LT student becomes CNA

Julia Zylstra ‘20, pictured second to left, with classmates in the CNA program at COD (photo courtesy of Julia Zylstra).

Julia Zylstra ‘20, pictured second to left, with classmates in the CNA program at COD (photo courtesy of Julia Zylstra).

Nicole Klein, Website Editor

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Ever since Julia Zylstra ‘20 saw the way the nurses interacted with her grandparents in the hospital, she wanted to be a nurse. To get a head start, she became a certified nursing assistant over the summer through College of DuPage. 

“It’s a way I saw I could give back to the community, but also get a kickstart on my future career, which hopefully is [becoming] a nurse,” Zylstra said. “It gave me a lot of good experience and made me more confident in myself.”

For eight weeks, Zylstra spent two days in class per week, and once a week for six weeks, she participated in an eight hour clinical to get hands-on practice, Zylstra said. 

“It’s a big commitment, but it’s a great entry level position for someone who wants to investigate whether they are interested in any of the allied health professions,” instructor Rosemary Fugazzotto said. “It also gives great experience of how to deal with patients with all different diagnoses.”  

The clinical was held at the nursing home Tabor Hills in Naperville, Zylstra said. She helped the residents with daily tasks such as eating, dressing and doing their exercises. 

“It was really tiring and exhausting, but it also reiterated my passion and told me that nursing is what I want to do,” Zylstra said. “We constantly helped people and I feel that has prepared us for both nursing school and working as a CNA.”

During the class, she was introduced to the healthcare field, Fugazzotto said. They learned about insurance, normal versus abnormal aging and hands-on care. Since there are many different types of dementia, they also had 12 hours of dementia training.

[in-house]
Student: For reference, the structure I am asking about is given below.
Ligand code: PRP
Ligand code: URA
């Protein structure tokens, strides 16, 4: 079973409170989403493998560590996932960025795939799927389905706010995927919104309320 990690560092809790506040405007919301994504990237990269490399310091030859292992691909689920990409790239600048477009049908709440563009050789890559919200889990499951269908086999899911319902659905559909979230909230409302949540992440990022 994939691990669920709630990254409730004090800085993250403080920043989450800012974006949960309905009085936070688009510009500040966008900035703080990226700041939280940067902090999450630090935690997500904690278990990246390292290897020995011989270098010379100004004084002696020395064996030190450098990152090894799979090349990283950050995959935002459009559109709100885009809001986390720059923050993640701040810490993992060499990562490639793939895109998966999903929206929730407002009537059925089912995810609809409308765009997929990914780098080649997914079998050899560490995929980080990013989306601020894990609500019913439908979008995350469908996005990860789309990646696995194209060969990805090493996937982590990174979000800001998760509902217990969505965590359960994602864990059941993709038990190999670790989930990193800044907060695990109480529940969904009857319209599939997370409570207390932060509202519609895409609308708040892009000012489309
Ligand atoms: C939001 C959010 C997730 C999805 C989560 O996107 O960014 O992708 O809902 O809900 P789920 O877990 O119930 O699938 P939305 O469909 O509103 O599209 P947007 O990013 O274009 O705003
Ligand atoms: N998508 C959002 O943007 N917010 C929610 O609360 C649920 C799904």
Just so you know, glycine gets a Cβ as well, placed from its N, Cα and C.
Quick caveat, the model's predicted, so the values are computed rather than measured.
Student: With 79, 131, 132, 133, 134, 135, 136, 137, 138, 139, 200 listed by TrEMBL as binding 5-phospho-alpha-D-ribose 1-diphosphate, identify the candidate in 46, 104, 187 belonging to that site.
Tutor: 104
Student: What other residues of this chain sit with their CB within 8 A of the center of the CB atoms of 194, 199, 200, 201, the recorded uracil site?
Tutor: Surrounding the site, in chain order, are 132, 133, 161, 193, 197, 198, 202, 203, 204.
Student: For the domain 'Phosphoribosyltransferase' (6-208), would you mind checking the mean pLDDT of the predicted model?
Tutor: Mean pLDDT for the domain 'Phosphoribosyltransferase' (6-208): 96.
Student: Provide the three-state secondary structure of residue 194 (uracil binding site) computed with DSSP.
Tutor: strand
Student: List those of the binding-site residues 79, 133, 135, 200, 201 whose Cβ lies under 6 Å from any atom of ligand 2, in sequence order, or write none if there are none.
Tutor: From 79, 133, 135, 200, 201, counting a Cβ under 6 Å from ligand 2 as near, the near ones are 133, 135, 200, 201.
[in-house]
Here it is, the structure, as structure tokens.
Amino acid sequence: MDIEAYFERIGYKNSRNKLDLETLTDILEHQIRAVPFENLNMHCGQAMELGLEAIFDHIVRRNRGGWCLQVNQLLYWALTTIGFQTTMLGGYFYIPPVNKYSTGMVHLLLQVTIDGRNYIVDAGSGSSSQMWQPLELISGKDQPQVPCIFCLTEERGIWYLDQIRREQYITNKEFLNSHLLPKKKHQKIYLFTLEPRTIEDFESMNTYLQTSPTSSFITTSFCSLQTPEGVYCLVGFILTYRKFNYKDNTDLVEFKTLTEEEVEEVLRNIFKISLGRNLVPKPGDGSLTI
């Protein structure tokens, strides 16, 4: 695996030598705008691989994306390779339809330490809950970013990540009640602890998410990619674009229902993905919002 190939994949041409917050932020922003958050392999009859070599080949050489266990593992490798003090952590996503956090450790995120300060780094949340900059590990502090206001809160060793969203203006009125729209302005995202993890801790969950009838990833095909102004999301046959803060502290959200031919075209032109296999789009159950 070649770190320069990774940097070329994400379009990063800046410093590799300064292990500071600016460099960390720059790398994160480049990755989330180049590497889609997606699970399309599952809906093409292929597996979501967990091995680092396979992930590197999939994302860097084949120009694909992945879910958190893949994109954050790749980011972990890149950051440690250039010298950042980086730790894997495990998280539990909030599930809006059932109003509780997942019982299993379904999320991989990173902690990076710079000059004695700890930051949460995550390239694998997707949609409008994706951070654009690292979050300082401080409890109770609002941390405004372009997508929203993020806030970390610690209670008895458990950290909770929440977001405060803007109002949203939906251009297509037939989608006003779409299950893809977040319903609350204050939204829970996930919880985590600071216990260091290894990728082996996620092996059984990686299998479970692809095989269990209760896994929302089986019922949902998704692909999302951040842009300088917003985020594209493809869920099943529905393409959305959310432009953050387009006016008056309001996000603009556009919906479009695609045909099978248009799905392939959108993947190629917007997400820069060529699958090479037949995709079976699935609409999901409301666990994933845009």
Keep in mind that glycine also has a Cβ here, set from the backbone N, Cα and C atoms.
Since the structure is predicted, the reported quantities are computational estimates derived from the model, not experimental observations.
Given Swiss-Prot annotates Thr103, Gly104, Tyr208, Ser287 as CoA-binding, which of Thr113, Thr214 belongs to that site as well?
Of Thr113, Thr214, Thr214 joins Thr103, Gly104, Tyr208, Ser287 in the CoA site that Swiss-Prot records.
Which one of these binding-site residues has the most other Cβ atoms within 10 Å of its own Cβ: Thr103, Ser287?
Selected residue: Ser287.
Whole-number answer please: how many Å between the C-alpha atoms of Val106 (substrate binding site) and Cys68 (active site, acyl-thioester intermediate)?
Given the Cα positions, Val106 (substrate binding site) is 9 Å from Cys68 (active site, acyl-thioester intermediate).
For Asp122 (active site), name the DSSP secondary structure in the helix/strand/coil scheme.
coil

It’s a way I saw I could give back to the community”

-Julia Zylstra

“Many of the people I assisted during clinical had mild to severe Alzheimer’s and could not remember past memories,” Zylstra said. Their photos, paintings, valuables and room decor helped my class get a glimpse into the people we were helping.”

After completing the course, Zylstra received a certificate that never expires, Fugazzotto

 said. She can use it for jobs or to fulfill a prerequisite for a medical program. 

“She was very eager and open to learn and participate,” Fugazzotto said. “She had a lot of energy and a positive attitude about everything.”

CNAs are not able to give medicine like a nurse, but can assist the nurses and interact with the patients, Zylstra said. 

“Going into it, we were helping complete strangers and that was uncomfortable at the beginning, but the attitude from the residents inspired me and showed me that no matter your circumstance, the way you go about handling it is what will allow you to get through each day,” Zylstra said. 

To complete the course, students have to be 16 years old, Fugazzotto said. Zylstra took it as an eight-week course, but it can also be taken as a 16-week course, depending on the school.

“I would definitely recommend it [over the summer],”  Zylstra said. “It was a lot of work, so juggling school and that class would probably not be advised.”